Industrialized Countries - Progress and Disparity

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Targeting poverty

In the battle against poverty, basic social services are fundamental. This means securing people's access to education, health care, adequate nutrition, family planning services, and safe water and sanitation.

UNICEF and other development agencies promote the 20/20 Initiative, which calls on governments of donor and developing countries to allot 20% of their development assistance and national budgets, respectively, to basic services.

Donor countries are becoming more explicit and transparent in reporting on their support for basic services. In the past three years, annual reports on aid by the Organisation for Economic Co-operation and Development (OECD) have included data on bilateral (or country-to-country) aid to basic education and health. All but 5 of 21 donors provided data on at least one of these categories in the latest report.

Among countries providing data in 1995, the United States gave the highest portion of bilateral aid to basic health care: 5.3%. Germany provided 4.0% of its bilateral aid for basic education, the highest among countries reporting. These are disappointing figures compared to the target of 20%.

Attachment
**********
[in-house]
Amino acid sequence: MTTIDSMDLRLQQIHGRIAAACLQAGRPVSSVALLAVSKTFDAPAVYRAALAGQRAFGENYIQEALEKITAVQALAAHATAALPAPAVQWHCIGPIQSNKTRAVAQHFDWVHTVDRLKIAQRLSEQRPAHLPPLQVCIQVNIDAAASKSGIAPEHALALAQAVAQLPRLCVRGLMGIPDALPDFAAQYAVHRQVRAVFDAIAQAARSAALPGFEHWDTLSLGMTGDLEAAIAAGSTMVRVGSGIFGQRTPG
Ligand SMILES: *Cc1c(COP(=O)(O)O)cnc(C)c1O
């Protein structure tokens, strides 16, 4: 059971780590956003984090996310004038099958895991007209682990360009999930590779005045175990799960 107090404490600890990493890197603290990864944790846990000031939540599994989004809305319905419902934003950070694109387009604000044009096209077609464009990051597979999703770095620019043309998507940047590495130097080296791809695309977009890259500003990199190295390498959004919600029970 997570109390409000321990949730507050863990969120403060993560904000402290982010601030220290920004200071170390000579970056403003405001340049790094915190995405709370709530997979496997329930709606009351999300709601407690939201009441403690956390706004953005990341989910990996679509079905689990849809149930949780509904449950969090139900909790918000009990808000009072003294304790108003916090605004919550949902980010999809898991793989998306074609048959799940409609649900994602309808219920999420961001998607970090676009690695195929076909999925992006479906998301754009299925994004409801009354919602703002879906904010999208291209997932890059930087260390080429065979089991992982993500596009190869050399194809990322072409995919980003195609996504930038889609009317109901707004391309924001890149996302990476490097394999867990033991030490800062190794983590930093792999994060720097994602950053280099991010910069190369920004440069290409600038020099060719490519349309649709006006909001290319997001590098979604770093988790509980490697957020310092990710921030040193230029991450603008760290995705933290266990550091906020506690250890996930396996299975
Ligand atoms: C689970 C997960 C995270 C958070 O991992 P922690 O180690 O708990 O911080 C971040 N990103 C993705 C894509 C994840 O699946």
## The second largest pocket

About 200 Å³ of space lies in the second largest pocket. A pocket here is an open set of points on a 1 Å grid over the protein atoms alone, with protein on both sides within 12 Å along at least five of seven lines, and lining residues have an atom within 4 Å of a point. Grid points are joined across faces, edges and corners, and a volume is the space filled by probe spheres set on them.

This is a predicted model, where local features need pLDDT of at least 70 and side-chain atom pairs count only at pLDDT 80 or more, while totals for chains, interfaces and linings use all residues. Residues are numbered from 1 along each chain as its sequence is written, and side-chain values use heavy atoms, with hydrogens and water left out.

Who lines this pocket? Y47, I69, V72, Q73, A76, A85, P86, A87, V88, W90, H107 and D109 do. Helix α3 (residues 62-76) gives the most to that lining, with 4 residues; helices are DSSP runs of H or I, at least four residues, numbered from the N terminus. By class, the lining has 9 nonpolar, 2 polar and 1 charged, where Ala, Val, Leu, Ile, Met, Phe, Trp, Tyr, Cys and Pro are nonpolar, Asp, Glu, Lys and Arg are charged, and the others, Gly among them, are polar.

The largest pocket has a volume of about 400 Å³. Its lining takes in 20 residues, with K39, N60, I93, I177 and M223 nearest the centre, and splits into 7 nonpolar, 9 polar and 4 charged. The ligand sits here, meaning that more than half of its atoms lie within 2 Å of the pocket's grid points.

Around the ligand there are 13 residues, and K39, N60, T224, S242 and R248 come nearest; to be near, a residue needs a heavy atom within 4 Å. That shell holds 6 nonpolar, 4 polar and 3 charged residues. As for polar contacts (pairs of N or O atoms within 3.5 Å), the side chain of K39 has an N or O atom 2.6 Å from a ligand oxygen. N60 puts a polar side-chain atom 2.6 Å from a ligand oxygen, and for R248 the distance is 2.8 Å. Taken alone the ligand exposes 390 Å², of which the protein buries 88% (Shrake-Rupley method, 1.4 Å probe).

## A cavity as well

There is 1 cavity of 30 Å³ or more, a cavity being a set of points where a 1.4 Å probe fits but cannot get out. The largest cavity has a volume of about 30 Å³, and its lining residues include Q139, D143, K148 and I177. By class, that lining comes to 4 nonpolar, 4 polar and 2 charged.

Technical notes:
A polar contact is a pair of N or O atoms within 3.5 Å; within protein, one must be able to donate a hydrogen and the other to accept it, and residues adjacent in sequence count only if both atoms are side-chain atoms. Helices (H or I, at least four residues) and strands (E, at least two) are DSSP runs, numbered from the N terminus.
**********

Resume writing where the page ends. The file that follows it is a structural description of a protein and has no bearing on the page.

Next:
Copyright © UNICEF/96-0274/Toutounji

Aid should target people's basic needs, such as water and sanitation. Here, two girls use a handpump in a village near Asyut (Egypt).

 
Aid to the basics
  % of total aid (1995) committed to:
  Basic education Basic health
United States 1.8 5.3
Sweden 3.1 5.0
Australia 2.6 3.7
Belgium 0.3 3.6
Norway 1.1 3.5
Canada 0.1 3.1
Spain 0.9 3.0
Netherlands 1.2 2.9
Germany 4.0 1.4
Italy - 1.4
Finland - 0.9
New Zealand 0.1 0.7
Japan 0.5 0.6
Switzerland 0.4 0.5
Austria - 0.4
Portugal 0.1 0.4
Denmark - -
France - -
Ireland - -
Luxembourg   - -
United Kingdom - -
Total 1.2 1.7

Source: OECD, Development Co-operation (1997 report), 1998.

 

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